, NAIROBI, Kenya, Jan 16 – Kenya Power is set to invest Sh51 billion ($600 million) in electricity distribution networks in the next three years.
Kenya Power Managing Director Ben Chumo said the project will seek to strengthen the network in order to support heavy industrial and commercial use.
Chumo said the company was working on projects that will provide dedicated power supply lines to industrial and commercial centres with adequate redundancy to ensure continuous supply during periods of system maintenance.
“Our business is to support economic growth, and we plan mega investments in the network to make it robust to support manufacturers increase their productivity and expand capacity that will create more employment and wealth,” he said.
Chumo explained there is also an on-going initiative to strengthen the existing distribution network by addressing inherent weaknesses to improve quality and reliability of electricity.
He said that the target of having a capacity of 5,000 Megawatts (MW) by the year 2030 was on course adding that by August this year 280 Megawatts from competitively priced geothermal power would be injected into the grid.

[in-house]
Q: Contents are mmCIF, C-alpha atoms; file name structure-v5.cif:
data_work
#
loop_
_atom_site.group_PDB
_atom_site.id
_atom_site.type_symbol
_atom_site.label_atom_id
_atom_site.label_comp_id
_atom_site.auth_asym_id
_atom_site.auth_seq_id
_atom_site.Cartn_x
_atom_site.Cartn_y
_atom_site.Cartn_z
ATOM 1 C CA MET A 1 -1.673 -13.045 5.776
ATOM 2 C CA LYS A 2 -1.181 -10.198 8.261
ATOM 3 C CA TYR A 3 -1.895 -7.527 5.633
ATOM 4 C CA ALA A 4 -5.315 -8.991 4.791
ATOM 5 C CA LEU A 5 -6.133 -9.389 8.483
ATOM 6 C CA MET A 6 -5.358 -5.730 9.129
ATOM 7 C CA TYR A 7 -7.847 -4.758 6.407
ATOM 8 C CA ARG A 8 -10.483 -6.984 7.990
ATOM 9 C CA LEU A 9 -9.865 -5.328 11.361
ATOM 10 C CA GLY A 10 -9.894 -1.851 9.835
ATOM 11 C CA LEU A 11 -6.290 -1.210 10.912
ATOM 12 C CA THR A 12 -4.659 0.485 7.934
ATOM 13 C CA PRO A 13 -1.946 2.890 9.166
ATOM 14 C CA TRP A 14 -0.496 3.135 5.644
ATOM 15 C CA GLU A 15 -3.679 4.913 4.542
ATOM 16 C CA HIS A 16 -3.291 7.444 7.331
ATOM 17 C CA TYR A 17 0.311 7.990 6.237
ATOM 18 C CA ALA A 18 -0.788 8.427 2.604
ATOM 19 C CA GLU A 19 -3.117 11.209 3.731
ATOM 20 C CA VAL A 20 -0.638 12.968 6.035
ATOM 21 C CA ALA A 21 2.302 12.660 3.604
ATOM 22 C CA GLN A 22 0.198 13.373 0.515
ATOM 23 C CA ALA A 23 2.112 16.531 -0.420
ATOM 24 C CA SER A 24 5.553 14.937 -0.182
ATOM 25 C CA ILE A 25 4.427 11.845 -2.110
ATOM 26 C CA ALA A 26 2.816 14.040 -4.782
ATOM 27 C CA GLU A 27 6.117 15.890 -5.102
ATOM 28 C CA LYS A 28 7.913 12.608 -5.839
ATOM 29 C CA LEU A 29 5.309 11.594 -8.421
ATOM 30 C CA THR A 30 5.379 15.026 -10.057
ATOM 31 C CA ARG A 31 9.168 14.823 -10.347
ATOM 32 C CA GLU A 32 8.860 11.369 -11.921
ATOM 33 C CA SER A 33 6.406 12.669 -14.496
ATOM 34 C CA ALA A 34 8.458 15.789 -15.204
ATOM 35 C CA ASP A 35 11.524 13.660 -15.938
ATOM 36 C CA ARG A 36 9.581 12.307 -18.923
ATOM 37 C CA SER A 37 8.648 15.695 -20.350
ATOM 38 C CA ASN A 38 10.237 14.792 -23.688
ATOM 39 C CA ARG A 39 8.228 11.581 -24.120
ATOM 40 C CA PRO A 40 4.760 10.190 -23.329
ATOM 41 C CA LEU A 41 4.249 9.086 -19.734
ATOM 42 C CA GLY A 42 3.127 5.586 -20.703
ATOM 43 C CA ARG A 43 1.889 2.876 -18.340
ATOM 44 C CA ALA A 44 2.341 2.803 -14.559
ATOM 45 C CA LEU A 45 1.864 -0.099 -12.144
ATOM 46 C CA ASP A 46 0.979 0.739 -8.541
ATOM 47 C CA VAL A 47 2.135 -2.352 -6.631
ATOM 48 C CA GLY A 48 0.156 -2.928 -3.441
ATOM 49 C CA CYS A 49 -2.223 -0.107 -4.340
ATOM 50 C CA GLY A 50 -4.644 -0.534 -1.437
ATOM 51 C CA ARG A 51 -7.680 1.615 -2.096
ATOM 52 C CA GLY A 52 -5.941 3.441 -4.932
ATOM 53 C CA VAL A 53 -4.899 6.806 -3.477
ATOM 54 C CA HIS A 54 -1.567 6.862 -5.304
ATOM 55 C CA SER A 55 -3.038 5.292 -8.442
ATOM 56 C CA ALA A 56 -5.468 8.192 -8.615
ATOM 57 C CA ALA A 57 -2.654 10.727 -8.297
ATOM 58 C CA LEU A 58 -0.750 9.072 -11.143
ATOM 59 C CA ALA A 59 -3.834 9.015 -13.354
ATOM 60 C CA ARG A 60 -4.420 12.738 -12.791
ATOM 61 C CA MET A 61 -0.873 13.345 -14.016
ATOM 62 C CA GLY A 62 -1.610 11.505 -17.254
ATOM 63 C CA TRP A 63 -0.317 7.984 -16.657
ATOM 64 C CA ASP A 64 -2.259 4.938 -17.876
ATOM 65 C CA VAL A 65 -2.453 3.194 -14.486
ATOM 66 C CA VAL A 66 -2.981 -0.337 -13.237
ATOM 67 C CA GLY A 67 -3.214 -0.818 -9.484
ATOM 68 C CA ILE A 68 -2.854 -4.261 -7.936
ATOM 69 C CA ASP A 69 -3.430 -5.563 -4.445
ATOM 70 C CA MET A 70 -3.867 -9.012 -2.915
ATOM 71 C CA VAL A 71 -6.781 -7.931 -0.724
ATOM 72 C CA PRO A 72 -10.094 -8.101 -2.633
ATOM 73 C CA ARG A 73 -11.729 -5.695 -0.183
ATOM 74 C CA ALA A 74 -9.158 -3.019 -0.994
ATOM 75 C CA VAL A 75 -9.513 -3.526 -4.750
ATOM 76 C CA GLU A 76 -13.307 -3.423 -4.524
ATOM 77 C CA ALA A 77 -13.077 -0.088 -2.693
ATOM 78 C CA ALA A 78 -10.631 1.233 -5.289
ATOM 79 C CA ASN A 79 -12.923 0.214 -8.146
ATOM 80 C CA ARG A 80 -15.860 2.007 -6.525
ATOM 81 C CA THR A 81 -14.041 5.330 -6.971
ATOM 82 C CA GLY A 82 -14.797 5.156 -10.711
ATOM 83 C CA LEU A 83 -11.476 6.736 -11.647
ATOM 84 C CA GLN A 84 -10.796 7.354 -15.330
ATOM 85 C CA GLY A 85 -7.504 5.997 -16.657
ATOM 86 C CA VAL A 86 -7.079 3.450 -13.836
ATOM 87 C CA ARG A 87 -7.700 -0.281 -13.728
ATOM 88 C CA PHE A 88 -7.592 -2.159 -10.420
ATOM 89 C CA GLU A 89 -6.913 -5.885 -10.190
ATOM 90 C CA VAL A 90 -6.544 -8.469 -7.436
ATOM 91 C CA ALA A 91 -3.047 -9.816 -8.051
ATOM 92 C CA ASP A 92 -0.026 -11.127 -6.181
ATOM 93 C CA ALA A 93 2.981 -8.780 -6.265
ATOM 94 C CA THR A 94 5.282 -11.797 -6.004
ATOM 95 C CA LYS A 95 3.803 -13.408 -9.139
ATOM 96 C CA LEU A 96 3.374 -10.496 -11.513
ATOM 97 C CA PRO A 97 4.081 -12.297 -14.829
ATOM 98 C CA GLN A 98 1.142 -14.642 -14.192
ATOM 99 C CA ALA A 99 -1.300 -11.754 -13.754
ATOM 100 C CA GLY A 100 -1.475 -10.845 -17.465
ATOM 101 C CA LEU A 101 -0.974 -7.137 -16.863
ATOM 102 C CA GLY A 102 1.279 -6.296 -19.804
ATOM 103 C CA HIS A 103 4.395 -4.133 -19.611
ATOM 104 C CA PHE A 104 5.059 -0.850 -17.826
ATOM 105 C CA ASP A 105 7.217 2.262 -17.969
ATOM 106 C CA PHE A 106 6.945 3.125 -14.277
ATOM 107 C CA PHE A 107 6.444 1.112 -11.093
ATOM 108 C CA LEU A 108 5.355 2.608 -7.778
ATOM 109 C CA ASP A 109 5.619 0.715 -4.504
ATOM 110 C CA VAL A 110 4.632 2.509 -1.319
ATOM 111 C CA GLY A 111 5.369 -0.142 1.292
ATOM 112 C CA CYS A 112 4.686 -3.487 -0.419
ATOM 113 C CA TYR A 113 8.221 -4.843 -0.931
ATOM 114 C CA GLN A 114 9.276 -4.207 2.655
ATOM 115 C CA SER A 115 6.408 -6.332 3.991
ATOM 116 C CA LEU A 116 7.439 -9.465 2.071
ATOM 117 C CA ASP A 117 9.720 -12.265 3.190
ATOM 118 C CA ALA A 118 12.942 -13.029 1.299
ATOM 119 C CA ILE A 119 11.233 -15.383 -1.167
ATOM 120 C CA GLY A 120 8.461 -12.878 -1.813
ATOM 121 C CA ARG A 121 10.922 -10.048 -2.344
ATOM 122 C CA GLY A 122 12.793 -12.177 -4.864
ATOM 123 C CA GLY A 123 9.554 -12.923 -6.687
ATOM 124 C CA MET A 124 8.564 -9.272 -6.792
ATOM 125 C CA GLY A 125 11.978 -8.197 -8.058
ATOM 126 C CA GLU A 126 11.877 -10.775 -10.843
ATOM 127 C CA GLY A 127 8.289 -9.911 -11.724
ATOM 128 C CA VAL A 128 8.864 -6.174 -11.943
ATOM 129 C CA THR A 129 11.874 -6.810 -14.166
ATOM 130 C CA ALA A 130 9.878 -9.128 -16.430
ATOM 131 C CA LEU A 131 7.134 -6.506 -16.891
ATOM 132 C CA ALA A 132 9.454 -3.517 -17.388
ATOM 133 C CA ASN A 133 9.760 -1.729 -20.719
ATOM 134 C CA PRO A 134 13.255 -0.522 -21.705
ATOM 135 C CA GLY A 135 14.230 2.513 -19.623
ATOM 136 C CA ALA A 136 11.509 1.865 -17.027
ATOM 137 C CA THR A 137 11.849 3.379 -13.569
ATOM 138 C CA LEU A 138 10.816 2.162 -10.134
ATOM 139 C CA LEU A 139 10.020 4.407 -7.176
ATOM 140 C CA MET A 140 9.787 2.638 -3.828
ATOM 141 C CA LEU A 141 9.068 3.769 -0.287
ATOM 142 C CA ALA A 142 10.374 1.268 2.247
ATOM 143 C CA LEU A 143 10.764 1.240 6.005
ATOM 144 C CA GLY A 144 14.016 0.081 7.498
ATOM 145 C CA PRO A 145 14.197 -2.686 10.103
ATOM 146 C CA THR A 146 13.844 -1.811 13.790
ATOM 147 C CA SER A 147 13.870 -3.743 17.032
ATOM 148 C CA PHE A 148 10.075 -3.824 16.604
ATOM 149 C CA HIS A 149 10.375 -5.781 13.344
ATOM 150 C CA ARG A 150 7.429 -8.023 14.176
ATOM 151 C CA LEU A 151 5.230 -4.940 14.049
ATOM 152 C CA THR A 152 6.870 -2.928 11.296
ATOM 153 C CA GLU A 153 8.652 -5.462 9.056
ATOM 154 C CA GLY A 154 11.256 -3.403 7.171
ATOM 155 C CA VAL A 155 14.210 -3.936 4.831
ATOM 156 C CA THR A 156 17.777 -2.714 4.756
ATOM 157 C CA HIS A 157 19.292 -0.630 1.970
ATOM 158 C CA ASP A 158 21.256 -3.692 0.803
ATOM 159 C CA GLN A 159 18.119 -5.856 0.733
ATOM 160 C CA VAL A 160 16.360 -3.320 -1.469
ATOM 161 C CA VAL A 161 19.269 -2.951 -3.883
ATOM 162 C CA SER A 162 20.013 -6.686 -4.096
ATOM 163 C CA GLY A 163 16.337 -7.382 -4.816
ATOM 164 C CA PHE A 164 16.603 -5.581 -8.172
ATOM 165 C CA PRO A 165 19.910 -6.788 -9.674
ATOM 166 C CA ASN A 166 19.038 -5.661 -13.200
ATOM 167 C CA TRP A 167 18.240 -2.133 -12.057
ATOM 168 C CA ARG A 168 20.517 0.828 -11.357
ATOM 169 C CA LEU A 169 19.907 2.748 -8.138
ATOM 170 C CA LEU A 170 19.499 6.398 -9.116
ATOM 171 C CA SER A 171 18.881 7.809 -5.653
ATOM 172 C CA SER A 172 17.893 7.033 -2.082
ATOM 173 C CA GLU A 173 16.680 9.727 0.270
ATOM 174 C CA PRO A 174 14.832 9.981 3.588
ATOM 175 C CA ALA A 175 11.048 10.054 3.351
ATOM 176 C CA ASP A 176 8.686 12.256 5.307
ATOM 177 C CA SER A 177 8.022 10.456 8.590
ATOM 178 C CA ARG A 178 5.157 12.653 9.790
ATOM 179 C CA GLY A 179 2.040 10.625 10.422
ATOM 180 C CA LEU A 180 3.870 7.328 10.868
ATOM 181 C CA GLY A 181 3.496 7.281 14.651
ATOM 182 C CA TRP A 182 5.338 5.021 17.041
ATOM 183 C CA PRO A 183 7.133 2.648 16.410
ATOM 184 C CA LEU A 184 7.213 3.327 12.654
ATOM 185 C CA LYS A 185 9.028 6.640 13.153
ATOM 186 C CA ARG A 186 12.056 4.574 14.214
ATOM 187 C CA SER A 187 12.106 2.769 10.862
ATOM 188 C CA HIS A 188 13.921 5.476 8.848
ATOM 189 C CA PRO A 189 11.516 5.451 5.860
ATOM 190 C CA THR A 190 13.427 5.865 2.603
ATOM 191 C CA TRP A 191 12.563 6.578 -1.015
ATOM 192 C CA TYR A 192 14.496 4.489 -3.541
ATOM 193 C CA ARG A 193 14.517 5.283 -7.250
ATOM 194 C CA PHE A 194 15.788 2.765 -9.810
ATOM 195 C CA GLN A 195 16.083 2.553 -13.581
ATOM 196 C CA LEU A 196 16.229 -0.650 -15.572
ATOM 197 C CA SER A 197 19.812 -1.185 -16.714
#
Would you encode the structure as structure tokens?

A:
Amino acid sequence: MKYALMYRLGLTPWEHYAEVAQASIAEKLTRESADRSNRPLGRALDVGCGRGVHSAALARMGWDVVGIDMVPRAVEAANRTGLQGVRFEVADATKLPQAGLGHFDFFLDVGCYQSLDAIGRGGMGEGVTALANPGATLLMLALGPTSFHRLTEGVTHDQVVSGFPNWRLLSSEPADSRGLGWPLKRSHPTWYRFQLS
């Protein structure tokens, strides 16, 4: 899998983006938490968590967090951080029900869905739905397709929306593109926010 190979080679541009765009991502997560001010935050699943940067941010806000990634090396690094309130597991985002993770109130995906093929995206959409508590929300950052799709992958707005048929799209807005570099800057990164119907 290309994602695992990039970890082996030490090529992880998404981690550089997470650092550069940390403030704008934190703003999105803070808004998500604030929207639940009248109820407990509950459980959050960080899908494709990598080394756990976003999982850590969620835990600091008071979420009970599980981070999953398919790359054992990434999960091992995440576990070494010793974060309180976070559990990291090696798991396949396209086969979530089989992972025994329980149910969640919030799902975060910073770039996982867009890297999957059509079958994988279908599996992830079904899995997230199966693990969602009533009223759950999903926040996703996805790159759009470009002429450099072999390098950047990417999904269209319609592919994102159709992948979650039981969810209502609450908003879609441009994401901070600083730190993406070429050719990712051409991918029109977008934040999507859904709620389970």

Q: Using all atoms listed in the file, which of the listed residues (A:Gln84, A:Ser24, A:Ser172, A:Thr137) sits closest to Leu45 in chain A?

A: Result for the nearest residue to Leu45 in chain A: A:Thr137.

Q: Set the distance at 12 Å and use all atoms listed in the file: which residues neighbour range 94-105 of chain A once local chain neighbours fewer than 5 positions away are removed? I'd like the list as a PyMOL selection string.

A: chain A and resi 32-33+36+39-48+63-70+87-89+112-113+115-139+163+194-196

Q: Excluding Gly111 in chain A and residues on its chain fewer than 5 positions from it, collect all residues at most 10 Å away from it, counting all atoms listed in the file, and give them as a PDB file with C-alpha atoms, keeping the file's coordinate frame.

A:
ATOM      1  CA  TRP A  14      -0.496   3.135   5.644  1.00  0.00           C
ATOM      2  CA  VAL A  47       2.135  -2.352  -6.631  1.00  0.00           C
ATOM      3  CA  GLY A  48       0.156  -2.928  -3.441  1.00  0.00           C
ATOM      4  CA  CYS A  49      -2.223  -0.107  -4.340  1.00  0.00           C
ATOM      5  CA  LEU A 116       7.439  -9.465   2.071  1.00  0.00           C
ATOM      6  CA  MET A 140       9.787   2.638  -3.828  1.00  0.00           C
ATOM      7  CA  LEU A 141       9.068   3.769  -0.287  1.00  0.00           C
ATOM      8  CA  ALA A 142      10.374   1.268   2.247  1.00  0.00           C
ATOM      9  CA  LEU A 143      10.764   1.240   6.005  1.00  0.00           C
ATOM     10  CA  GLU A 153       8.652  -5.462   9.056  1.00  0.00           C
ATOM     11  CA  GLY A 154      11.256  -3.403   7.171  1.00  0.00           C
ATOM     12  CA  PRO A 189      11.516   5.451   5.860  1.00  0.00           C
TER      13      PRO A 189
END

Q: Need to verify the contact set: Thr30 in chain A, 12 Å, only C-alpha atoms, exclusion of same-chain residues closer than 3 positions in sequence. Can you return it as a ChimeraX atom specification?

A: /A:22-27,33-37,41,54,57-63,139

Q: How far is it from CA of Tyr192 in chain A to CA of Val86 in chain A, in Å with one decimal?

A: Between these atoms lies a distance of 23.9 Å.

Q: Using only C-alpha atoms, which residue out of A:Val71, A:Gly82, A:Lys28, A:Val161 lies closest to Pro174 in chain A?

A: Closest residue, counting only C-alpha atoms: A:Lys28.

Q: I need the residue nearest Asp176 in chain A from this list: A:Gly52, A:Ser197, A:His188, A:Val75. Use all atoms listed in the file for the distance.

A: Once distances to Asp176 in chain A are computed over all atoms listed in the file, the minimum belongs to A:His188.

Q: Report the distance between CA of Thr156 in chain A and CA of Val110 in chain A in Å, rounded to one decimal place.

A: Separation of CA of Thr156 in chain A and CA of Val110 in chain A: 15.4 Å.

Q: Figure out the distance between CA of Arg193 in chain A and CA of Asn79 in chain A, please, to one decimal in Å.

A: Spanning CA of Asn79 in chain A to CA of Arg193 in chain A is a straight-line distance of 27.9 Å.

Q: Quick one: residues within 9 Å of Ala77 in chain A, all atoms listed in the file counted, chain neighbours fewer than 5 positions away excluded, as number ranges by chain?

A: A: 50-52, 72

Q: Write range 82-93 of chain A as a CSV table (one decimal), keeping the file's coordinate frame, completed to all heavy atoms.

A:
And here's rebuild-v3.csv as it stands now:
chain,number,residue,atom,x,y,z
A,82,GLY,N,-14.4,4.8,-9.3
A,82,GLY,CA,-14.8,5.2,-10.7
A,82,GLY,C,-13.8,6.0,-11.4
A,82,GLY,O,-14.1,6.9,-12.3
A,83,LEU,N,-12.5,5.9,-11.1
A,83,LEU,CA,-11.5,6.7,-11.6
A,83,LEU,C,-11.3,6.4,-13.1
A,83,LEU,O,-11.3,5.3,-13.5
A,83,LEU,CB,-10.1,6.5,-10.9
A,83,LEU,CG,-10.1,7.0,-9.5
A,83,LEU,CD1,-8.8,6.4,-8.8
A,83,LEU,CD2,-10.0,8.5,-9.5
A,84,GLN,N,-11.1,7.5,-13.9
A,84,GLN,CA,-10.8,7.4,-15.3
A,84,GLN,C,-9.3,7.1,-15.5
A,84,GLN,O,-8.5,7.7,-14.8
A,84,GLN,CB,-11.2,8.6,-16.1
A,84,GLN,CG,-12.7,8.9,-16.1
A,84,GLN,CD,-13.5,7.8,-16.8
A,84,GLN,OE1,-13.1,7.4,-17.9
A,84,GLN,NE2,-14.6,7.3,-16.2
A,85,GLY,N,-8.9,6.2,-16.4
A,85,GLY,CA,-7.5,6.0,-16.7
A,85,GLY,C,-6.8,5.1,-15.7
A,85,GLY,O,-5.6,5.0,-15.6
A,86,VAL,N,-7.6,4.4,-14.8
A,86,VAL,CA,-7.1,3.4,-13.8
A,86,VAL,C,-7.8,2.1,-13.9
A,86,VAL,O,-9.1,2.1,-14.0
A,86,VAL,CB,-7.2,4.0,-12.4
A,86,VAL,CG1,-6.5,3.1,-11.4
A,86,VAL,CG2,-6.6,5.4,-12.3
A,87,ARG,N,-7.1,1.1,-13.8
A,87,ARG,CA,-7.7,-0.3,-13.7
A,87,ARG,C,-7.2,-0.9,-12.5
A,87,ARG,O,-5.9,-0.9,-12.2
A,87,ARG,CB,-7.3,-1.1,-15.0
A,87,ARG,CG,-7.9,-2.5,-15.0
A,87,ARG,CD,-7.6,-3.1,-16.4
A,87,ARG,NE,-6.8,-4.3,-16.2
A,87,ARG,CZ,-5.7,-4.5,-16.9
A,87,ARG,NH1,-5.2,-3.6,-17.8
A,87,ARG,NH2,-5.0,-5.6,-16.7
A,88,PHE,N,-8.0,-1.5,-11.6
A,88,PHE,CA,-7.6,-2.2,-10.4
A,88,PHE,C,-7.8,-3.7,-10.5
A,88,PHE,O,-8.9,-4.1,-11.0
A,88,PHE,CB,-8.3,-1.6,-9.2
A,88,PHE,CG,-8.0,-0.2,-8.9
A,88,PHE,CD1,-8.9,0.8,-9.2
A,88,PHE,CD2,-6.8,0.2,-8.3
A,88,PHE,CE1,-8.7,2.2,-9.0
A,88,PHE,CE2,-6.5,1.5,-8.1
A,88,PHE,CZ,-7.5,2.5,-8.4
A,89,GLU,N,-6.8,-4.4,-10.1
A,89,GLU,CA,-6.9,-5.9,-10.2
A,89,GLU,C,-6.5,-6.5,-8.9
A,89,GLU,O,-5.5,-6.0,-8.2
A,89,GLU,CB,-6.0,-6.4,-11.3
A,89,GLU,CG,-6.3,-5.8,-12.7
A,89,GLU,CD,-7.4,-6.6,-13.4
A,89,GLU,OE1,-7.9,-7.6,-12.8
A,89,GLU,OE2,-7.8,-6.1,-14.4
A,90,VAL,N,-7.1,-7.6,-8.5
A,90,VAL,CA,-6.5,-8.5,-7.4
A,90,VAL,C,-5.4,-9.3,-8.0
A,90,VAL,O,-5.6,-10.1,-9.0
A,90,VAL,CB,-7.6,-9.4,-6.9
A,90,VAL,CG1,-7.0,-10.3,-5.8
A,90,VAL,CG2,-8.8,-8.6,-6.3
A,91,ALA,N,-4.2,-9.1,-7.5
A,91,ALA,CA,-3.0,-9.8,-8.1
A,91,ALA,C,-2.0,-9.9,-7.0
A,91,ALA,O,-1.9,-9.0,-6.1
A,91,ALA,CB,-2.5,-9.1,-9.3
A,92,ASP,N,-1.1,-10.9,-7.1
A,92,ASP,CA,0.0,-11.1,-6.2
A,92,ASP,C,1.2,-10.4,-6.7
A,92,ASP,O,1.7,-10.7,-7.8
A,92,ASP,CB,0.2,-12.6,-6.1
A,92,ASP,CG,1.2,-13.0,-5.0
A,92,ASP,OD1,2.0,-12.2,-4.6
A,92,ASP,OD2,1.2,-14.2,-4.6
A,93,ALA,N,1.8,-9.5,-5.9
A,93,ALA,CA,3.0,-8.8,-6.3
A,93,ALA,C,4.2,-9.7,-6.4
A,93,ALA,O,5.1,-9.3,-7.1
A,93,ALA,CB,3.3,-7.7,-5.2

This, he added, will bring down the cost of power.
This comes as the company begun a countrywide meter inspection exercise aimed at ensuring that customers receive correct bills, and at the same time secure the company’s revenue.
The company’s Installation, Inspection and Fraud Control Deputy Manager for Commercial Services, Thagichu Kiiru said the inspection will target about two million customer installations in domestic, industrial and commercial segments.
Kiiru revealed that the company loses about five percent of revenue every year attributed to theft of electricity and hopes to reduce the loss by one percent this year.
He said besides contributing to loss of revenue for Kenya Power, compromised metering equipment through tampering and bypassing has often led to incorrect bills for customers, and may lead to electrical accidents.
He also revealed that the company suffers about 18.6 percent on technical/system losses per year which is being addressed by building bigger substations and re-wiring the existing lines.
The company’s security reports indicate that illegal connections have been the major cause of electrocutions and slum fires which have been on the increase in the recent past.